China: the engine of global growth

Although already a leading global trade power, China has continued to enhance its trade growth potential through improvements in infrastructure, both physical and digital, and increased export diversity. 

Trade 20, a new index from Standard Chartered considers a market’s economic dynamism (foreign direct investment, export and GDP growth), trade readiness (infrastructure, e-commerce, and ease of doing business) and export diversity, (the range of exports) in the last decade. It places China towards the top of the leaderboard, even though it is starting from a particularly high base.

Trade20 shows that China’s improving trade potential is powered by gains in trade readiness, indicating marked improvements in its digital and physical infrastructure and its ease of doing business, as well as underlining its position as a globally-oriented and fast-changing economy. However, the deepening US-China trade dispute and challenging global market conditions are likely to have a significant impact on China’s trade in the short to medium-term.

Partnership potential

Trade20 also showcases that China plays a pivotal role in the success of other markets, acting as a key catalyst for global trade growth. With only a few exceptions, the index shows that the higher a market’s trade growth with China, the better that market performs in terms of economic dynamism and trade readiness.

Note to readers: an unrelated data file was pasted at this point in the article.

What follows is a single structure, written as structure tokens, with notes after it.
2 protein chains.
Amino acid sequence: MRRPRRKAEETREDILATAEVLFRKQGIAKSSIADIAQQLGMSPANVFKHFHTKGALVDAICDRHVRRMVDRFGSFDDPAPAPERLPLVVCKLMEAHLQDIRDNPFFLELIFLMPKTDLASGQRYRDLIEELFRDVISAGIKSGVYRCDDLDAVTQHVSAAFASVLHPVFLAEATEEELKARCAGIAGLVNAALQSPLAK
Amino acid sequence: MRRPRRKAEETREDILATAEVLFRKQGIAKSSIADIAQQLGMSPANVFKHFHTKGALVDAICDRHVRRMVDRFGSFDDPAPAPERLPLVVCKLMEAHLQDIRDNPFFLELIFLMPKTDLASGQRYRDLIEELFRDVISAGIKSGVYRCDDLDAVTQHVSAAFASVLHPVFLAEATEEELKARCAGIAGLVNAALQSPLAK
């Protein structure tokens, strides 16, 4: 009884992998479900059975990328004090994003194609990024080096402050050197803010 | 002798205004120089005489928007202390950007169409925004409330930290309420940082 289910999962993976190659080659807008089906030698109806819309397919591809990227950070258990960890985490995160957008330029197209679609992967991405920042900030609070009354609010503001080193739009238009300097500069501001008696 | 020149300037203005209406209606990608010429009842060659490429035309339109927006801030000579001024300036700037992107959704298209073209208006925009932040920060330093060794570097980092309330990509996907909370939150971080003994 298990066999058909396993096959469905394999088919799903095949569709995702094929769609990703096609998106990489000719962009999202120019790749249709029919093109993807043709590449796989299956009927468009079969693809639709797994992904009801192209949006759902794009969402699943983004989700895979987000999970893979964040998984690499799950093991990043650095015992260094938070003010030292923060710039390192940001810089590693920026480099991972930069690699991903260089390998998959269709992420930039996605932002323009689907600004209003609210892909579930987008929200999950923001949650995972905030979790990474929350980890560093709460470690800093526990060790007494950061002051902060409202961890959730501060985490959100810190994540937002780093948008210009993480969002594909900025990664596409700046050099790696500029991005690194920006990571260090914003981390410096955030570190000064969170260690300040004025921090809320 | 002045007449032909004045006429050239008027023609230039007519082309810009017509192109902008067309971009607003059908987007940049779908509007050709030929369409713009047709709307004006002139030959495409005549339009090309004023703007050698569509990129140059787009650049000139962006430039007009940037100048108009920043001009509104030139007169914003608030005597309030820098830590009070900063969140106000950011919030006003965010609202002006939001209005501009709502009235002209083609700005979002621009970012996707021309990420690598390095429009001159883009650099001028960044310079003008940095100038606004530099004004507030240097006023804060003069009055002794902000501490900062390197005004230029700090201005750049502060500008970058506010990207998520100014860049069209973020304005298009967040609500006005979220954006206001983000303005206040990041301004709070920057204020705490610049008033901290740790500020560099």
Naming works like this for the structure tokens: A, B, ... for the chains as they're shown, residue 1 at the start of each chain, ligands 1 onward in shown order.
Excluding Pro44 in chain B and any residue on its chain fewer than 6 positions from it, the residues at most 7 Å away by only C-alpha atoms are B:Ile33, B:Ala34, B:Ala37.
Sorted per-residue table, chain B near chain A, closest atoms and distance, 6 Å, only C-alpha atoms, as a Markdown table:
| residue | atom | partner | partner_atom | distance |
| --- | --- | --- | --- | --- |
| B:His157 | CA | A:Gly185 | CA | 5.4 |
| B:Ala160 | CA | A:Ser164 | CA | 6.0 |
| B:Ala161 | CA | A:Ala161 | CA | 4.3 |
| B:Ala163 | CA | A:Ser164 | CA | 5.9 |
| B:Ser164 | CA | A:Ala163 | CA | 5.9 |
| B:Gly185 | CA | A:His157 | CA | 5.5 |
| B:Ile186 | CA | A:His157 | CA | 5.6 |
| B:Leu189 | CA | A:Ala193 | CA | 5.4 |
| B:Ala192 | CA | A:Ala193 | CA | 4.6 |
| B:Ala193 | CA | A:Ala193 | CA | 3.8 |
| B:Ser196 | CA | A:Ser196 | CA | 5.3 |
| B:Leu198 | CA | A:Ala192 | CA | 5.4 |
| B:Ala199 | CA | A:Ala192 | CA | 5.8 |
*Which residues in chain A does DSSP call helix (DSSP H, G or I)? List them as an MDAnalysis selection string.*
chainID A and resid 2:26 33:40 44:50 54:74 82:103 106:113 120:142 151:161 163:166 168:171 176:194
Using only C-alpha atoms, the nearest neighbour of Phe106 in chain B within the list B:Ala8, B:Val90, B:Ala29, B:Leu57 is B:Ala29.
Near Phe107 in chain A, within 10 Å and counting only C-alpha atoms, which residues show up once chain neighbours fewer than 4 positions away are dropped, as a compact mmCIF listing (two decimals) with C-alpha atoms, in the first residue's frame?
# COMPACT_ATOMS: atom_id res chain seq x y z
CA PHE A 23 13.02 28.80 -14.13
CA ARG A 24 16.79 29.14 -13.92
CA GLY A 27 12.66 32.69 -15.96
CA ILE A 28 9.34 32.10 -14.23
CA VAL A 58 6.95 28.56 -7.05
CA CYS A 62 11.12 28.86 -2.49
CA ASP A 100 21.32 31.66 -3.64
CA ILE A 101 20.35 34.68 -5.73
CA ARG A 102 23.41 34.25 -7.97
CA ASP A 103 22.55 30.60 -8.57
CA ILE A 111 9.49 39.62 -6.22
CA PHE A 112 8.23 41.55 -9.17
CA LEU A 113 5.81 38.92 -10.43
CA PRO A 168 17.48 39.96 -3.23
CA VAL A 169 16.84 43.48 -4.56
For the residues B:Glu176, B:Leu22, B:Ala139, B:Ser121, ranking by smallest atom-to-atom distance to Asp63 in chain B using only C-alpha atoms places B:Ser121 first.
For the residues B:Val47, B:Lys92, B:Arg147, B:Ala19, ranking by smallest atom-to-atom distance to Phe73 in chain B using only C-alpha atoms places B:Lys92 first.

Crucially, exposure to China is a key factor in the high rankings of developing Asia-Pacific and African markets in the Trade20 index. China is clearly a major force for economic dynamism in other markets, not just in high-performance South-East Asian economies like Vietnam and Indonesia, but also in African markets.

The government’s Belt and Road Initiative (BRI), with a global infrastructure investment goal of US$8 trillion, has a special focus on new developments in Africa. Between 2015 - 2018, China has pumped US$60 billion into the region. 

Enhancing economic dynamism

China’s economic dynamism is lower compared to its top spot in the trade readiness pillar. This challenge is already being addressed in its increasingly accommodating stance towards foreign commerce. In the New Foreign Investment Law, China increased the number of sectors for foreign investment, created six new pilot free-trade zones and eased up on legal requirements to work with Chinese business and share technological knowledge. 

These changes will only serve to further increase China’s potential for growing its trade, and could enhance its economic dynamism, the area where Trade20 shows the lowest levels of momentum, reflecting China’s slowdown in recent years.

Jiwei Ye, Head of Transaction Banking, China said: “We are confident that China’s trade potential will continue to grow as domestic trade volume increases and as export destination shifts to intra-Asia, BRI economies and Europe to replenish the attrition in US markets. 

Already the world's second largest economy and a major trading partner to most nations, China aims to transform itself into a strong trading country by 2035 with the goal of becoming an economic and trade giant by 2050¹. Given this ambition, it is important for China to continue looking at ways to further open its economy to attract foreign investments and deepen multilateral regional economic and trade cooperation, especially in light of the on-going US-China trade dispute.”

¹ Quote by China’s Commerce Minister Zhong Shan:

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CCIB News & ViewsSIBOS 2019